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Other Minds music fest pushes aural limits 

Wednesday, Mar 5 2008
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In its mission statement, the San Francisco–based Other Minds organization proclaims its commitment "to the encouragement and propagation of contemporary music in all its forms." This is a bold assertion in a city that prides itself on inclusiveness and wide-roving creativity. With its cornerstone concert showcase, Other Minds once again lives up to its name.

The 13th Other Minds Music Festival brings together an international group of composers and performers whose work pushes the boundaries of aural invention without regard to genre, style, or instrumental limitations. Thus it follows that artists whose reps have largely been set on specific outposts of the musical map — e.g., trumpeter Wadada Leo Smith (avant-garde jazz), pioneering programmer Morton Subotnick (electronics), and cellist Frances-Marie Uitti (postmodern classical) — aim to obliterate such prefab distinctions at their Other Minds gigs. To this end, Smith has enlisted the virtuosic Del Sol String Quartet to flesh out his spiritual meditation, "Taif: Prayer in the Garden of the Hijaz"; Subotnick will pair his chilly computer-generated soundscapes with the blood-rich playing of Kathleen Supové on "The Other Piano"; and Uitti will perform "Rap't," a solo composition that calls for simultaneously applying two bows to the cello and plunging the tonal variations into an interactive electro-acoustic sea. On the populist front, Dan Becker's "Revolution" combines the rarefied sound of the disklavier (modern heir to the player piano) with samples of Martin Luther King Jr., while Ake Parmerud's industrial jam, "La Vie Mécanique," could be a hit at progressive dancehalls. Other Minds: The name says it all.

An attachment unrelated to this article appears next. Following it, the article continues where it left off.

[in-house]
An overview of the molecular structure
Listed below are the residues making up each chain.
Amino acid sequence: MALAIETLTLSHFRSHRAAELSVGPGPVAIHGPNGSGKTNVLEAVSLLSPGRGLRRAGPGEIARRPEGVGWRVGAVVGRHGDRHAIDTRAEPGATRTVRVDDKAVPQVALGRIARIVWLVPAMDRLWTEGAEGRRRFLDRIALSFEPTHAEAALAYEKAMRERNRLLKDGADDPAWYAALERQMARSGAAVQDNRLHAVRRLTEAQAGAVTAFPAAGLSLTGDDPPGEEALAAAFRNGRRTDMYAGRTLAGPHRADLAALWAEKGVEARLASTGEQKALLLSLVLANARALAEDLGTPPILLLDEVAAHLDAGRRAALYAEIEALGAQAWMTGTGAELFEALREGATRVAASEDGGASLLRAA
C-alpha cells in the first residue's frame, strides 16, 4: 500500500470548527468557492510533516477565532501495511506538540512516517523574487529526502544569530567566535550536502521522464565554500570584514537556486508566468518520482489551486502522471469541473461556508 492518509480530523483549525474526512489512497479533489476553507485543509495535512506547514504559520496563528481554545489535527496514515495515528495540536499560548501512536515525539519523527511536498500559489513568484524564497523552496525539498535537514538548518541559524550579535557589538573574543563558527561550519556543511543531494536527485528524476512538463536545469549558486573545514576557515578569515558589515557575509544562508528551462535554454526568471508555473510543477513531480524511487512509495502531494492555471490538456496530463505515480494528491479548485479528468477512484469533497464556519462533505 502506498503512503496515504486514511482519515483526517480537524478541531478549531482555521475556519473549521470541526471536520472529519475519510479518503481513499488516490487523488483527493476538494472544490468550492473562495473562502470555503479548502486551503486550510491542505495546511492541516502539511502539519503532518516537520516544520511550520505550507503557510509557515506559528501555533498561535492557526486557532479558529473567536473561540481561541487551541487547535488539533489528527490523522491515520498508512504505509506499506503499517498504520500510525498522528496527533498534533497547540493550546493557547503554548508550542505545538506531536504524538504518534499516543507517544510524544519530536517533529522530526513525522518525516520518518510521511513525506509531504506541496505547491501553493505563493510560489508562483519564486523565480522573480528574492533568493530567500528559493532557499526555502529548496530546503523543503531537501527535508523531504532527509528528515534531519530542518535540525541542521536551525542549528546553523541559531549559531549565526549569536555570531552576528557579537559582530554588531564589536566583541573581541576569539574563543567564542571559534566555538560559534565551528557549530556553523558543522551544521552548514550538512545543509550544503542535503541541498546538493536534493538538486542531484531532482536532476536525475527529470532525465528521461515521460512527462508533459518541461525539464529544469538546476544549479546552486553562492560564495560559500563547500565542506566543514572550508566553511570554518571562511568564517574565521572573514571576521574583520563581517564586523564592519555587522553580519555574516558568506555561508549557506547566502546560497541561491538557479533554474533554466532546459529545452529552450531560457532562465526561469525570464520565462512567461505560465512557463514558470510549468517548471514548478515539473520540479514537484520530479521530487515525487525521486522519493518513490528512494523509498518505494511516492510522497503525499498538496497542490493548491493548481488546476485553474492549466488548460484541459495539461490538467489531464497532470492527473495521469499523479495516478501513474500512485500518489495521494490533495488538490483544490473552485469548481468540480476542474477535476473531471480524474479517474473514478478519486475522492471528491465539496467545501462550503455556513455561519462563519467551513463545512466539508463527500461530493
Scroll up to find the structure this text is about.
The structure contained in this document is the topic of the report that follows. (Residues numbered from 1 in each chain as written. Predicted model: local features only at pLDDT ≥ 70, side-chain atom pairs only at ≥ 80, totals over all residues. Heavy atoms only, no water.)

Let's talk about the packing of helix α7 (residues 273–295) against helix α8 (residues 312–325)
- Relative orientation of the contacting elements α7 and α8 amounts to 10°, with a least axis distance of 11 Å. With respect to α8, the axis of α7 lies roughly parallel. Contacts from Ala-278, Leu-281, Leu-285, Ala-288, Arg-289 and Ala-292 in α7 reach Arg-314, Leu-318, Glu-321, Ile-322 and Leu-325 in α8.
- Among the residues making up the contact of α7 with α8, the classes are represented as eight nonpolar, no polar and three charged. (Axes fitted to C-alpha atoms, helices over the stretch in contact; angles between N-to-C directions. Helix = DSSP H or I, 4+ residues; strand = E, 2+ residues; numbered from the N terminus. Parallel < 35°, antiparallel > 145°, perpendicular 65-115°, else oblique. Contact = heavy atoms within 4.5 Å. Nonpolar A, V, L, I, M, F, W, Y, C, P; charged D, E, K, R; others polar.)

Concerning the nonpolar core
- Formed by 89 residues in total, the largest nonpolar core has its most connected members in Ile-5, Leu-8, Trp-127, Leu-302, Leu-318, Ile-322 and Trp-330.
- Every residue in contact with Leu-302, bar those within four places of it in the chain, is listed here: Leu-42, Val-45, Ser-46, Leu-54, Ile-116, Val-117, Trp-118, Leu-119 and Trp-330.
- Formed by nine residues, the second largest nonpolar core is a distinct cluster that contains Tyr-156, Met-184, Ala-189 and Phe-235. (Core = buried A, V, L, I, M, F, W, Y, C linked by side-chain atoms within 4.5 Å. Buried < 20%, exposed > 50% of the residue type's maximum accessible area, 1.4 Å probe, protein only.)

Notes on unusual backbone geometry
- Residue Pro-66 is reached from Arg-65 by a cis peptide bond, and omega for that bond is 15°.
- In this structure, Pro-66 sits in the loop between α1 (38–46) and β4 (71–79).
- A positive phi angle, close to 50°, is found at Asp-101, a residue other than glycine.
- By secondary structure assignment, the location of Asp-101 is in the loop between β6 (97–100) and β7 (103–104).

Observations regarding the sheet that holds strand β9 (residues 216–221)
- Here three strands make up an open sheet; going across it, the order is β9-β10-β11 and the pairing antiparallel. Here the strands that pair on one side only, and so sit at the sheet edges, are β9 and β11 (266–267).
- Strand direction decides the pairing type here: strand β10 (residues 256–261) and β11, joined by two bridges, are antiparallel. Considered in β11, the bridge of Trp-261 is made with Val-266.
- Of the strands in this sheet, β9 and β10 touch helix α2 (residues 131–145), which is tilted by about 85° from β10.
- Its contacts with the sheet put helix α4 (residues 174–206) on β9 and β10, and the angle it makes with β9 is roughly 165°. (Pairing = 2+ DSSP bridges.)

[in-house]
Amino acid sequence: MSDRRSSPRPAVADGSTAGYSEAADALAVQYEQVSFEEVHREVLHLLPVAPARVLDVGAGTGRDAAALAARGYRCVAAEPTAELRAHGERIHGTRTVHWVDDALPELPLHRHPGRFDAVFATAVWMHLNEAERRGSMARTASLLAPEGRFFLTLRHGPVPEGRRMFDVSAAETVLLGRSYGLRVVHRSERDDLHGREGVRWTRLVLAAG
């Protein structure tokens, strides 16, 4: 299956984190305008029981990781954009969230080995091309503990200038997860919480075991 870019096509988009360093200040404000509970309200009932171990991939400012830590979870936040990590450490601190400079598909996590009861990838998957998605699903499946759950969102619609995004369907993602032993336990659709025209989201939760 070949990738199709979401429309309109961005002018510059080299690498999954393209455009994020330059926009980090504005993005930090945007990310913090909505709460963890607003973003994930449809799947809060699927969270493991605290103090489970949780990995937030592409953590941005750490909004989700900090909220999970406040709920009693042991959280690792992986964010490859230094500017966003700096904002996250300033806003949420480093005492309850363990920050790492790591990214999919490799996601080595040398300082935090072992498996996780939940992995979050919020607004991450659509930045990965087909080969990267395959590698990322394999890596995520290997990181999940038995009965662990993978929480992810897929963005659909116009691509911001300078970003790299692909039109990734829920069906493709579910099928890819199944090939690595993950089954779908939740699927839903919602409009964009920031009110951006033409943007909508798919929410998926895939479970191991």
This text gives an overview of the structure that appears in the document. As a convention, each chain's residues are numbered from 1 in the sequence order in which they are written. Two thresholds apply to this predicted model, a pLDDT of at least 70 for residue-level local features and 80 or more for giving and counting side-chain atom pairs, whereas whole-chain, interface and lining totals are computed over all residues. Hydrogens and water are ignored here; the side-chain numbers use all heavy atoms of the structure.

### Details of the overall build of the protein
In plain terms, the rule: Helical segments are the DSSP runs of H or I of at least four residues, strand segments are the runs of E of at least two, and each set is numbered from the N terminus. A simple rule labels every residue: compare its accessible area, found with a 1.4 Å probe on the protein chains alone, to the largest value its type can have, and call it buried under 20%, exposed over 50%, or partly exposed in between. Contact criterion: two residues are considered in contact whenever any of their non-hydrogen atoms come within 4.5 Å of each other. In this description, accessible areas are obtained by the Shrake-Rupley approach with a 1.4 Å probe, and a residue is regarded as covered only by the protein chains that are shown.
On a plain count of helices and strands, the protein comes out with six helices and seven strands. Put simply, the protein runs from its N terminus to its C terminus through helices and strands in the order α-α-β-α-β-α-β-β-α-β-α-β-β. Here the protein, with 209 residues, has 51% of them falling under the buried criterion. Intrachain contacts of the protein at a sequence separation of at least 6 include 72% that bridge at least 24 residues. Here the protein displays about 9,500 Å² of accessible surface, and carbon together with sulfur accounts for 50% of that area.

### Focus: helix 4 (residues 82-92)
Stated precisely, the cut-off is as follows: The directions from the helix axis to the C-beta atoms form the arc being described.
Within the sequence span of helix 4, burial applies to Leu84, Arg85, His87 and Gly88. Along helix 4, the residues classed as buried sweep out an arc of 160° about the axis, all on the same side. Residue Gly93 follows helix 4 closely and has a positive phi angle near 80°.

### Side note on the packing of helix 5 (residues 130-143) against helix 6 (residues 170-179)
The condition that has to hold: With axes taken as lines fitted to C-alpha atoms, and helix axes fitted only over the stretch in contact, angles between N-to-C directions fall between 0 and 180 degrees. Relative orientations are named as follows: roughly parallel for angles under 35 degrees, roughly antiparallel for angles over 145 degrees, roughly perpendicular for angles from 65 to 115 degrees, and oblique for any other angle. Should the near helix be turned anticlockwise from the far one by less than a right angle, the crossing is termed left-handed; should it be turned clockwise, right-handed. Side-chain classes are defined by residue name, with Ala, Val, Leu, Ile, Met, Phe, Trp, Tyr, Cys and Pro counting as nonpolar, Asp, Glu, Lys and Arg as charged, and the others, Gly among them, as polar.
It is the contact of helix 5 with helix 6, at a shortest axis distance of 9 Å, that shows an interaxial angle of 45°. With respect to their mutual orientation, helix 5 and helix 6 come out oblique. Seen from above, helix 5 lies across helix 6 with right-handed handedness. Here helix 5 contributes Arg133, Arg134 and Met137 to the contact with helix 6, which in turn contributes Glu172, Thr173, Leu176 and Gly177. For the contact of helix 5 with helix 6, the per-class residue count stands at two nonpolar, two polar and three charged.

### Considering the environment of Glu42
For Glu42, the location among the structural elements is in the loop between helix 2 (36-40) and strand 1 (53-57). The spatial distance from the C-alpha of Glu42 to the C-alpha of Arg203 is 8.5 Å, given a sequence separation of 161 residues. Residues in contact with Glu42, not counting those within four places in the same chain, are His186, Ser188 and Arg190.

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Sam Prestianni

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